If you’re trying to reduce your estate tax liability, a charitable trust might be the ideal vehicle. A charitable lead trust and a charitable remainder trust are the two options to consider. As you weigh the pros and cons of each, keep in mind the current low-interest-rate environment is more favorable for lead trusts than remainder trusts because of the way charitable deductions are calculated. Let’s take a closer look.
Charitable Lead Trusts. This type of trust can provide for a favorite charity and for future generations with very little gift or estate tax consequences. The charitable deduction is based on the value of the income that goes to charity, discounted at the monthly Section 7520 rate according to the Internal Revenue Service. The lower that rate is, the greater the gift to charity and the charitable deduction, and the smaller the remainder gift to heirs, at least from a gift tax perspective. For December 2015, the discount rate was 2.0 percent, which results in a fairly large gift to charity in most cases. In contrast, higher discount rates result in smaller gifts to charity and larger remainder gifts to heirs.
Here’s an example: Let’s say you have a $3 million apartment building that will likely appreciate significantly during the next 20 years and produces annual rental income. If that apartment building is in a charitable lead trust, the income it produces each year will go to charity. At the end of that 20-year term, the building goes to heirs.
It’s possible to establish the trust so the value of that income stream going to charity is equal to the current fair market value of the building. In other words, the charitable gift completely offsets the gift going to your heirs, so the gift to heirs is effectively $0 for estate and gift tax purposes.
Grantor Trust. This is another type of charitable lead trust. With a grantor trust, the assets in the trust at the end of the trust term are returned to you. For example, if you want to give $10,000 a year for five years to a charity, you can set up a charitable lead trust using income-producing assets.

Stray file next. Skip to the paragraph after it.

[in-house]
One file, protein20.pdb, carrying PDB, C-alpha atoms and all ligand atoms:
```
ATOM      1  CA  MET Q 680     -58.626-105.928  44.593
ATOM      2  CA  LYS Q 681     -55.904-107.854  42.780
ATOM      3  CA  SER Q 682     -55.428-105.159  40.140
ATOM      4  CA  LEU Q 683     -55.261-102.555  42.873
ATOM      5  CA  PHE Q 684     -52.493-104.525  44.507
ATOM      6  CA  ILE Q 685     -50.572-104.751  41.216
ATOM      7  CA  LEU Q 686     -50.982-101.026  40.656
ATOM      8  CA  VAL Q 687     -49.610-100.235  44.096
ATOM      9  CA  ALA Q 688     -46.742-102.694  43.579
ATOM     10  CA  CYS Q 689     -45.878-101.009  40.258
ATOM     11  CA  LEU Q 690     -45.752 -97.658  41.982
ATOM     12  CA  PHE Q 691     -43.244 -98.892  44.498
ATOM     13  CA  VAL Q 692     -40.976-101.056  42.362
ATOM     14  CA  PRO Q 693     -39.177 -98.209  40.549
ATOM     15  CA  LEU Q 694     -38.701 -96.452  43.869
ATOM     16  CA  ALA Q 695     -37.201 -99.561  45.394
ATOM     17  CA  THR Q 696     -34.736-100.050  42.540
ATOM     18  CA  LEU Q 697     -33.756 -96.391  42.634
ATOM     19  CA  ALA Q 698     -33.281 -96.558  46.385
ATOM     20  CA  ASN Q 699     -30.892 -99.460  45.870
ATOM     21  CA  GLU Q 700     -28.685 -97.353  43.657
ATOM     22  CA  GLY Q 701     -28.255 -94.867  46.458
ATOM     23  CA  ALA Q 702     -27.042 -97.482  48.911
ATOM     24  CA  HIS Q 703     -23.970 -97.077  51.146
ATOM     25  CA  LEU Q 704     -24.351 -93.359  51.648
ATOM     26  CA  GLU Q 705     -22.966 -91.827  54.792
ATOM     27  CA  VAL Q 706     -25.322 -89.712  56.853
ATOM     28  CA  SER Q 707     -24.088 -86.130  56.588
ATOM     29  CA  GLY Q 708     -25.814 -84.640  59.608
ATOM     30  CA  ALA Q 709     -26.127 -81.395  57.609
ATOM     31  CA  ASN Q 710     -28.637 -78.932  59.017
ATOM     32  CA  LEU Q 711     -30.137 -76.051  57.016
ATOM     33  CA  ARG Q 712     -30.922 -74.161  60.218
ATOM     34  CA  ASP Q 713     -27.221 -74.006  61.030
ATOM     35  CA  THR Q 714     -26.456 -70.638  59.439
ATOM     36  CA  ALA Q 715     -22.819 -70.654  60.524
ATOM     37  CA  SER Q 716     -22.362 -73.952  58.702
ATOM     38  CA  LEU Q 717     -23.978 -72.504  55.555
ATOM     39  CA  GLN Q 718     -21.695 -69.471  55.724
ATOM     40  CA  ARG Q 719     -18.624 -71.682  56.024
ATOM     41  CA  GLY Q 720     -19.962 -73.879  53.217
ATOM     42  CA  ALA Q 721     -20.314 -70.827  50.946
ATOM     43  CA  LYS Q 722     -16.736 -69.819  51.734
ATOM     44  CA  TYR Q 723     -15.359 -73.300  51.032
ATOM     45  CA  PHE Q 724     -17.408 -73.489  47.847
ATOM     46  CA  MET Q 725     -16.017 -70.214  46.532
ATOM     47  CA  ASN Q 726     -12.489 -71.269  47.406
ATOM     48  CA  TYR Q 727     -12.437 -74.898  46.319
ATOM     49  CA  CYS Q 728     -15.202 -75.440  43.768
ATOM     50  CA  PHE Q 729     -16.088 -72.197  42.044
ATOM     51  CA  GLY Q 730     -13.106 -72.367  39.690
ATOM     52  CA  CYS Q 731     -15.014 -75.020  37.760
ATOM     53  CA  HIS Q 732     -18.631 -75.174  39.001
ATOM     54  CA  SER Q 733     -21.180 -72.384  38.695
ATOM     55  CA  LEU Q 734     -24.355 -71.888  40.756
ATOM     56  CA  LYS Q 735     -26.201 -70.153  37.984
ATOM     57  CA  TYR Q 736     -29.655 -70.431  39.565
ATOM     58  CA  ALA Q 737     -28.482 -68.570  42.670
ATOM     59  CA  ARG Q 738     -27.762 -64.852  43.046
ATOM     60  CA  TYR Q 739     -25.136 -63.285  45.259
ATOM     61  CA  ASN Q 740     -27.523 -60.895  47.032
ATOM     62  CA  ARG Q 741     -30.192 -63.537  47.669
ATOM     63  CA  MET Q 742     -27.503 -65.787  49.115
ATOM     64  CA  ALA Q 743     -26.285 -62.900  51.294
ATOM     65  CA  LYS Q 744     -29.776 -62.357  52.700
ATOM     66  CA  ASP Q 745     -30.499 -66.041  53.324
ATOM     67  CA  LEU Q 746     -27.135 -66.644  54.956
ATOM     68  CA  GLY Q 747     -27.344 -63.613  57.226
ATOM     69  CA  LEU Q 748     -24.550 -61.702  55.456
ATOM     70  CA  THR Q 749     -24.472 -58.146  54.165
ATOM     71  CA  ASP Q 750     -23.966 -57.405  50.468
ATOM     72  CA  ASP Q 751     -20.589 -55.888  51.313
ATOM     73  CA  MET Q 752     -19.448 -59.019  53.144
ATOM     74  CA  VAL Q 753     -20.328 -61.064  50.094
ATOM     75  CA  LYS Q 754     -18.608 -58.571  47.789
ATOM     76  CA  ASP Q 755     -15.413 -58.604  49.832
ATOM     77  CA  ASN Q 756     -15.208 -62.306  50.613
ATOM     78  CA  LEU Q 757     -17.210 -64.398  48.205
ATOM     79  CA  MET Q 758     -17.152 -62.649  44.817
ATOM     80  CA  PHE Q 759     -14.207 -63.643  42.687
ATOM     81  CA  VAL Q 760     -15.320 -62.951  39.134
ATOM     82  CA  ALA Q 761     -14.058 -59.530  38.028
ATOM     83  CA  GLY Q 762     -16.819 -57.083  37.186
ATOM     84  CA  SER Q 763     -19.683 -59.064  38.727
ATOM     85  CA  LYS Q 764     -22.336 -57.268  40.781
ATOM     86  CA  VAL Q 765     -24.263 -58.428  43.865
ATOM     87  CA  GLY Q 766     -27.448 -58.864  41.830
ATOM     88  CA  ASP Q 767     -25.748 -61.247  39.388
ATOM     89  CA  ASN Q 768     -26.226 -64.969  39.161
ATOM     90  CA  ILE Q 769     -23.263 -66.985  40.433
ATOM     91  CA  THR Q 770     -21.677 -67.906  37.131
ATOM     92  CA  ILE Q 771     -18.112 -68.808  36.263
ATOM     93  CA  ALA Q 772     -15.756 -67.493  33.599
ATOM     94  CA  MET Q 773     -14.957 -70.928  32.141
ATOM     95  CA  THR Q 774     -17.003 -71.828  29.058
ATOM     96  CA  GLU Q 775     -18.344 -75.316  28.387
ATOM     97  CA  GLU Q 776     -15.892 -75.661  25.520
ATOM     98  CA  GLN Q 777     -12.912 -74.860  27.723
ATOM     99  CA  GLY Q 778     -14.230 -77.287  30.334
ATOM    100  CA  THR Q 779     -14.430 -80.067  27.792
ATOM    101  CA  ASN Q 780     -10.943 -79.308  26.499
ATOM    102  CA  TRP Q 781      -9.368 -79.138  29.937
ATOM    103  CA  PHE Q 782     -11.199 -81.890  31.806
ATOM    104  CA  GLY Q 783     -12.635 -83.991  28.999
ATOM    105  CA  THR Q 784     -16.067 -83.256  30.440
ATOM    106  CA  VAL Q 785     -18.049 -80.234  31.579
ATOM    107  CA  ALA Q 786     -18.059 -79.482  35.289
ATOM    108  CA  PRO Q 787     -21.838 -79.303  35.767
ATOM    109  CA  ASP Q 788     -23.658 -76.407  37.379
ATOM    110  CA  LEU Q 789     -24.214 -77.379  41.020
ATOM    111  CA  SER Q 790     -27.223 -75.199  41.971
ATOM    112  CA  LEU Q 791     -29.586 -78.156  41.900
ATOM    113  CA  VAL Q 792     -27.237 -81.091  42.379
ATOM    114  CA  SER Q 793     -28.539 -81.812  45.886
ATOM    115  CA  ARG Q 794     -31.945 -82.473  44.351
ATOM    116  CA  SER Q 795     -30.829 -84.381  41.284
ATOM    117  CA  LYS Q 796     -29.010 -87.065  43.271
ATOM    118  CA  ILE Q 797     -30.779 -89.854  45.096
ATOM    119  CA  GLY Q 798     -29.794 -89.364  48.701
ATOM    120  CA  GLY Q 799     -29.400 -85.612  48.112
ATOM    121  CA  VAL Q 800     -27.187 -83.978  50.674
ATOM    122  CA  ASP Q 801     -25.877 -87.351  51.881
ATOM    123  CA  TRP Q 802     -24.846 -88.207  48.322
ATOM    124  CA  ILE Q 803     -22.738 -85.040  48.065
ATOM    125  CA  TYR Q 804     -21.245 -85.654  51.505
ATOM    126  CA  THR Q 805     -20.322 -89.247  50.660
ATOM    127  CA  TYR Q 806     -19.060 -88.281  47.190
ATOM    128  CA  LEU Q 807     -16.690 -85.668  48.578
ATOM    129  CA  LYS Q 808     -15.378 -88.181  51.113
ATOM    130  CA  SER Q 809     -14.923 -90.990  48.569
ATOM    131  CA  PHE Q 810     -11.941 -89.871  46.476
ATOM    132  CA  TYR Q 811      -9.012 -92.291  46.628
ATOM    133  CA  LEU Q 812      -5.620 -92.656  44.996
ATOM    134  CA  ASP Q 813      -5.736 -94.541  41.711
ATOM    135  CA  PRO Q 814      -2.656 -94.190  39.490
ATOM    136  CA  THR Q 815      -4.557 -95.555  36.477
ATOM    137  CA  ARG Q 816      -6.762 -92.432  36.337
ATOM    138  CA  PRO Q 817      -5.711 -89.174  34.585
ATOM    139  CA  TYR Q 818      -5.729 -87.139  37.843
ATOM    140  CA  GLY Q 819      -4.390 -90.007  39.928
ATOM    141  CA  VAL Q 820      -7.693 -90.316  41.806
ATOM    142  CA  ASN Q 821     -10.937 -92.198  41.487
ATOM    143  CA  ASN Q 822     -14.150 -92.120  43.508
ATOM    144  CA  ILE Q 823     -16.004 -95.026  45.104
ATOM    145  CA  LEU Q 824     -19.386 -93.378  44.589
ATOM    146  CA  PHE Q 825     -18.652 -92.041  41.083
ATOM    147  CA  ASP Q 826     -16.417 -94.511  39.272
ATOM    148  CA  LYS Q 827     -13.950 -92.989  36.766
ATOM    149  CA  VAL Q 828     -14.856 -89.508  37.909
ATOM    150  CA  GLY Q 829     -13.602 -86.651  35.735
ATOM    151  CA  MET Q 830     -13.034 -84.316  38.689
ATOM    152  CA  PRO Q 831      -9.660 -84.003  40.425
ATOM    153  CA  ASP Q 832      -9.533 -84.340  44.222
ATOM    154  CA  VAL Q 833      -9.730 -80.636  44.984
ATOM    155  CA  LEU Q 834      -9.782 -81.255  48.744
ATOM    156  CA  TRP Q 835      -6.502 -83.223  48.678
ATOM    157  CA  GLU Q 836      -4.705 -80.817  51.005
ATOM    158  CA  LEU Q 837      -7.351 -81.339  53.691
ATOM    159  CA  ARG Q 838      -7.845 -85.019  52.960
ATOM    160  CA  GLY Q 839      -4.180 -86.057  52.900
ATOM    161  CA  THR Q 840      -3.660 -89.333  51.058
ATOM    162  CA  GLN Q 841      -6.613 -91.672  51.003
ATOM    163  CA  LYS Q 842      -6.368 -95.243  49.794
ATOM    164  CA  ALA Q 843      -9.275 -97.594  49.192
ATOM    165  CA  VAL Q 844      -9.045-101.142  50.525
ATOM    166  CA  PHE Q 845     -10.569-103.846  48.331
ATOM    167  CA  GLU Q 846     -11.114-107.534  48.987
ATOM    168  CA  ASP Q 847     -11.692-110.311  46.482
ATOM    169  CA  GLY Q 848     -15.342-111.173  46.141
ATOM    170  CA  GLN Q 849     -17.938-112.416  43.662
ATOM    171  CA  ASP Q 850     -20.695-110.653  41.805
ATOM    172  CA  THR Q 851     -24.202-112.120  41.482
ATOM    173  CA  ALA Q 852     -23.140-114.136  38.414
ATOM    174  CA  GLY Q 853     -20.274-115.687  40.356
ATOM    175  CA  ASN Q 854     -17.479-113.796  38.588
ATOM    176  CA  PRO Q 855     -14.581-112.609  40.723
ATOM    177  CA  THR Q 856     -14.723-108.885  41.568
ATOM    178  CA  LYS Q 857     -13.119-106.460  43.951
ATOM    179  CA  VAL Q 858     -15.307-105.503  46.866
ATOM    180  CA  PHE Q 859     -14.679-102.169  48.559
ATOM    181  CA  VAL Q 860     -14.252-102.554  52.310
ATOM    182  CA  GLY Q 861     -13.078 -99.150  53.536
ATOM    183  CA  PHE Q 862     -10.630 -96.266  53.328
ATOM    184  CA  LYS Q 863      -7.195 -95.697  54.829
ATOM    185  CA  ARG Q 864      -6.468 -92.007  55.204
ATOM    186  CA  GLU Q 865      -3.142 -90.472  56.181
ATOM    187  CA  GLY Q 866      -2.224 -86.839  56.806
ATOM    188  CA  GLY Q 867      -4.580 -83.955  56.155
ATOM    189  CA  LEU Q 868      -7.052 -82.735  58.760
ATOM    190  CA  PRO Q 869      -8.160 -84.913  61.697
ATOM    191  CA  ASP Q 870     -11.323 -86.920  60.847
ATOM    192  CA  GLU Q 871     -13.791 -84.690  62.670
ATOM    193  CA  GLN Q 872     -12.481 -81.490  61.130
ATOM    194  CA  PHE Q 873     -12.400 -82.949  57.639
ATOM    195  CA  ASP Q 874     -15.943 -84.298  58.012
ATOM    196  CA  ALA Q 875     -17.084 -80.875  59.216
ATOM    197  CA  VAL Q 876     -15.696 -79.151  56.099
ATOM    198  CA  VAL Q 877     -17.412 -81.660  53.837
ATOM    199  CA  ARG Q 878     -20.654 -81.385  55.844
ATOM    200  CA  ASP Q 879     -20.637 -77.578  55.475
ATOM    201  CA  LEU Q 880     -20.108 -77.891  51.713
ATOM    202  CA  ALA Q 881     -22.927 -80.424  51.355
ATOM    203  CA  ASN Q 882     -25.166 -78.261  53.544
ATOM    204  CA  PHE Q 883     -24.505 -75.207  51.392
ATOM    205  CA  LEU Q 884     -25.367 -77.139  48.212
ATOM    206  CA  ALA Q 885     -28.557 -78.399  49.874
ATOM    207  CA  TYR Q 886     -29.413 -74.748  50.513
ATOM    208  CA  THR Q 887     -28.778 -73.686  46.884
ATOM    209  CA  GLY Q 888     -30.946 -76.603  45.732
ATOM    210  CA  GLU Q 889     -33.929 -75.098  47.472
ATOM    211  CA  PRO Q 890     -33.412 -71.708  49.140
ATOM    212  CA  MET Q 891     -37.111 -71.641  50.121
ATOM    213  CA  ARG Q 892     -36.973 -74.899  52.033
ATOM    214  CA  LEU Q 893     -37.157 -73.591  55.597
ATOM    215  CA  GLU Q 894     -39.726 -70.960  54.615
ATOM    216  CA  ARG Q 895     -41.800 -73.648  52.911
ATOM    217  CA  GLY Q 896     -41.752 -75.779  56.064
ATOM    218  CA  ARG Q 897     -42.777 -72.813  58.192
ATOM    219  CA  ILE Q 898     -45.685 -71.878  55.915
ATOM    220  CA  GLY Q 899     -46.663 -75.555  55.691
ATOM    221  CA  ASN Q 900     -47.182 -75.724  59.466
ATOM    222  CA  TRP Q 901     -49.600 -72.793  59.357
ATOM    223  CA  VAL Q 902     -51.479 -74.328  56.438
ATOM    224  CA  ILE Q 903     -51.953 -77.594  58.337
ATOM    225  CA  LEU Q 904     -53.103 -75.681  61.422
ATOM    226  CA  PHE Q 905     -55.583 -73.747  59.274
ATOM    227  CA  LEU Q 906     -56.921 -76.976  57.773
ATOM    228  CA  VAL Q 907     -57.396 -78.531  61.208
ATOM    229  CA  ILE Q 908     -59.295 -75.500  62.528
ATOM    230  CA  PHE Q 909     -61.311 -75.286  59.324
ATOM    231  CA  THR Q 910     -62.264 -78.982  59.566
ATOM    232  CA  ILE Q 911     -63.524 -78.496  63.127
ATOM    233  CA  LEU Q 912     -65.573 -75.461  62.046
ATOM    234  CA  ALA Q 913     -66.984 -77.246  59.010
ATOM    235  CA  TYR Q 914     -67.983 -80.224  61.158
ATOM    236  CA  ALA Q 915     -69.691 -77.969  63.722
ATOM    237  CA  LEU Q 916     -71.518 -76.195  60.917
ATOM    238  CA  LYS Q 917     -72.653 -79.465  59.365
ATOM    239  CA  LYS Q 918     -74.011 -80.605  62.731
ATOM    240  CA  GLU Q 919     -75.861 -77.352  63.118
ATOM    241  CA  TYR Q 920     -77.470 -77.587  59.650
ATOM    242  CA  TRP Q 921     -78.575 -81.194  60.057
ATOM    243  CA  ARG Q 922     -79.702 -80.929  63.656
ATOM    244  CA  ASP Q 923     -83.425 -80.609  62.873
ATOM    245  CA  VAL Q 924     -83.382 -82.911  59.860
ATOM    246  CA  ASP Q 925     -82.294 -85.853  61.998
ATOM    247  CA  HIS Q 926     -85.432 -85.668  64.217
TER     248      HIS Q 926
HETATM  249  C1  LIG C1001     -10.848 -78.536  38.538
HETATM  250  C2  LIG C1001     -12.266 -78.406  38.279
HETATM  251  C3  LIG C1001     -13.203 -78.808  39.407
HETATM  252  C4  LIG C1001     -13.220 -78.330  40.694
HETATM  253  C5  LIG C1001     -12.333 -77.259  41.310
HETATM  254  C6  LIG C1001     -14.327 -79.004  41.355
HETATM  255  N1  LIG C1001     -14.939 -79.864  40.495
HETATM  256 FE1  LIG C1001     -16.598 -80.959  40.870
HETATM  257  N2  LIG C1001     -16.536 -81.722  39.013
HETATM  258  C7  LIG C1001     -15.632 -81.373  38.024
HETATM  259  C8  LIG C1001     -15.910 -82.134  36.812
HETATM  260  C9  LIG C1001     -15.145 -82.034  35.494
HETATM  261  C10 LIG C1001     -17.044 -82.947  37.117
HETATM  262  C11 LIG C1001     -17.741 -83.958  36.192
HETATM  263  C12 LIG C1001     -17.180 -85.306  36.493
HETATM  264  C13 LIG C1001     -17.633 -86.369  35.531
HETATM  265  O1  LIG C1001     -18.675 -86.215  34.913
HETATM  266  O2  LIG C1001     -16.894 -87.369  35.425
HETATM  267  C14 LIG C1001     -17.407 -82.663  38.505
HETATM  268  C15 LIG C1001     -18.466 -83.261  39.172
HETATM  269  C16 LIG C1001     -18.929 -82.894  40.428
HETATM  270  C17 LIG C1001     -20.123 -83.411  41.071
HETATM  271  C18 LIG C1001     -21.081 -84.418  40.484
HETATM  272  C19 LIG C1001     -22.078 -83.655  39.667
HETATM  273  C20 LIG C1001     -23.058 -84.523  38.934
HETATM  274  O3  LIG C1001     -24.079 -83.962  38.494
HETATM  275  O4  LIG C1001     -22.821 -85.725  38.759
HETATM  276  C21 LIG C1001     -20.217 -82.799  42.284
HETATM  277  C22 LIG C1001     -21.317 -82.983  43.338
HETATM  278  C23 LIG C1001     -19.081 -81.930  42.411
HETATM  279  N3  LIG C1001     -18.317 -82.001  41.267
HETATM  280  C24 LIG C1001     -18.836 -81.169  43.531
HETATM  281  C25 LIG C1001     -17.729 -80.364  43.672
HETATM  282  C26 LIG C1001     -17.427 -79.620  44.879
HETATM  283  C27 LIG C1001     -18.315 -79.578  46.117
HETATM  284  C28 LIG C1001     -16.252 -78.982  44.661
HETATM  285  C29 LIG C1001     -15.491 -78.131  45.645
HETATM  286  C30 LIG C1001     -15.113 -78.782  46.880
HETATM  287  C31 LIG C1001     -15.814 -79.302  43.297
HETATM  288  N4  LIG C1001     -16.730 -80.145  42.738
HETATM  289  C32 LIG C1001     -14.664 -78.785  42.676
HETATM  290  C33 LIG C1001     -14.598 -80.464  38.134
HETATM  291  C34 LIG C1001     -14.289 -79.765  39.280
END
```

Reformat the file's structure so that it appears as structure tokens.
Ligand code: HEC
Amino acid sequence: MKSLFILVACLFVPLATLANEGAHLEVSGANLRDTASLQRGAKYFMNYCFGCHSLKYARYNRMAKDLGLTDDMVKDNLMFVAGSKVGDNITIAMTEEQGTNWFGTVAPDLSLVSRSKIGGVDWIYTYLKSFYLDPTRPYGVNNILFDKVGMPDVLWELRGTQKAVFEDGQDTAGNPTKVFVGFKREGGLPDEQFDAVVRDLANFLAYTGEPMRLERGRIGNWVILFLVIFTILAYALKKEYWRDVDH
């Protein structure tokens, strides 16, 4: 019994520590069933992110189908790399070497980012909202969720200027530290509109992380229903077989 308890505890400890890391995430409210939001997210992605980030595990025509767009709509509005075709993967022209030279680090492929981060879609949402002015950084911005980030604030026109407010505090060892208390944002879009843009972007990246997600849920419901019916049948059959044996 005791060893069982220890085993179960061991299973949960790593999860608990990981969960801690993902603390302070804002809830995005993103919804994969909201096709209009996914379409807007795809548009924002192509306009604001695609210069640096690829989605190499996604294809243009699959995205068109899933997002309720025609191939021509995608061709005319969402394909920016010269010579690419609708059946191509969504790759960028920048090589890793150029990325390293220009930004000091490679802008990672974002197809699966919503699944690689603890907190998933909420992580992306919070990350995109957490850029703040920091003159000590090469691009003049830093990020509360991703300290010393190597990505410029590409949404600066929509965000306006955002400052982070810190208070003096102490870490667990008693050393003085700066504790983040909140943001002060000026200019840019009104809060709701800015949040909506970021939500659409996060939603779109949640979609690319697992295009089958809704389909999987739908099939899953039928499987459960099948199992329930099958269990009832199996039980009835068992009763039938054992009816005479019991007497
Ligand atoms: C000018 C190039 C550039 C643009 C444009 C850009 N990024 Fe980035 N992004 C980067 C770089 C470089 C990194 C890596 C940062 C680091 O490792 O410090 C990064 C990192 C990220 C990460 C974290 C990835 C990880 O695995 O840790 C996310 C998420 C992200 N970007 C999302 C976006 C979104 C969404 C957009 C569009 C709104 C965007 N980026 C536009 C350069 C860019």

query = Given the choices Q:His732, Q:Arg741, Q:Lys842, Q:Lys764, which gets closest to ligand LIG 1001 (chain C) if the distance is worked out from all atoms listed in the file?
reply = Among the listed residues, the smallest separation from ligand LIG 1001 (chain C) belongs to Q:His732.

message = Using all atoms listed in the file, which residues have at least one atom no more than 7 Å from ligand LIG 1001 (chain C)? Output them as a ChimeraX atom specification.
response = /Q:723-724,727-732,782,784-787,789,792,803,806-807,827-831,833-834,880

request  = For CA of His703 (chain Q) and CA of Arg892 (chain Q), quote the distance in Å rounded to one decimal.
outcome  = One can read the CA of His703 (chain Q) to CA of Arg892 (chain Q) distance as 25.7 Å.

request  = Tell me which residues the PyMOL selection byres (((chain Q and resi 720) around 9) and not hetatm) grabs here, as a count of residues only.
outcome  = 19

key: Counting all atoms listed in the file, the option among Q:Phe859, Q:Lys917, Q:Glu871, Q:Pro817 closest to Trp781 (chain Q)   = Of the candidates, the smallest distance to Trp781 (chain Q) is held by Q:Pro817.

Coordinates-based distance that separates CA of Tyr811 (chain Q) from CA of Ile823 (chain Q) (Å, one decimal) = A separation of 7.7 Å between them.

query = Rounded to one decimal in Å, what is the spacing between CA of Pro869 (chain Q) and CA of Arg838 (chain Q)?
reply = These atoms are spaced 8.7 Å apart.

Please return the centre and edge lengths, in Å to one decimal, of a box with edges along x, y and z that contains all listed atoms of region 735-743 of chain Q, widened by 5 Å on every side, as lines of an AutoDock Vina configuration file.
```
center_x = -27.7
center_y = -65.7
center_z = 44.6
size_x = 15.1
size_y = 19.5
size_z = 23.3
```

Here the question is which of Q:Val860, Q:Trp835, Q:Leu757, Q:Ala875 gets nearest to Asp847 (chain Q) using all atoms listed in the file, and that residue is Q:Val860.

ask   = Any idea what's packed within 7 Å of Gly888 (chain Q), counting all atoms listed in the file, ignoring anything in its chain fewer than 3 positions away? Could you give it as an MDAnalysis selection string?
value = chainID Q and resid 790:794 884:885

You may also receive an income tax deduction for the value of that income stream up front in the year you set up the trust, though you still have to pay taxes on the income earned by the trust each year. However, if the trust is invested in municipal bonds, the income produced isn’t taxable for federal purposes. (It may still be taxable at the state level.) The income goes to charity for the term of the trust, and the bonds themselves or the cash goes to the remainder beneficiary at the end of the trust.
Charitable Remainder Trust. This is essentially the inverse of a charitable lead trust, and may be a good tool if you’re worried about giving up income-producing assets, or want to provide a stream of income to a beneficiary for a period of time. You donate appreciated assets into a charitable remainder trust. The trust then sells the assets without paying taxes on gains at the sale, and reinvests in a well-diversified portfolio invested to grow and generate income.
For example, if you contribute $1 million in stock that has basis of $500,000, there are no taxes owed at sale — the whole $1 million can be invested in a well-diversified portfolio. You aren’t avoiding the taxes but instead deferring them out over the trust term. You can be the recipient of the income stream or you can give the income stream to heirs — say, for a child’s lifetime or for a period to cover college expenses — and then the remainder goes to charity.
These charitable trust strategies are complex, so be sure to work with financial advisers, including a CPA, as well as an estate attorney who’s experienced at drafting them and not a business attorney who’s doing estate planning on the side as a favor to you. You’ll save money in the long run by doing things correctly.
kathryn garrison is a senior financial adviser with Moss Adams Wealth Advisors. Reach her at firstname.lastname@example.org. kelli anderson is a CPA with Private Client Services at Moss Adams. Reach her at email@example.com.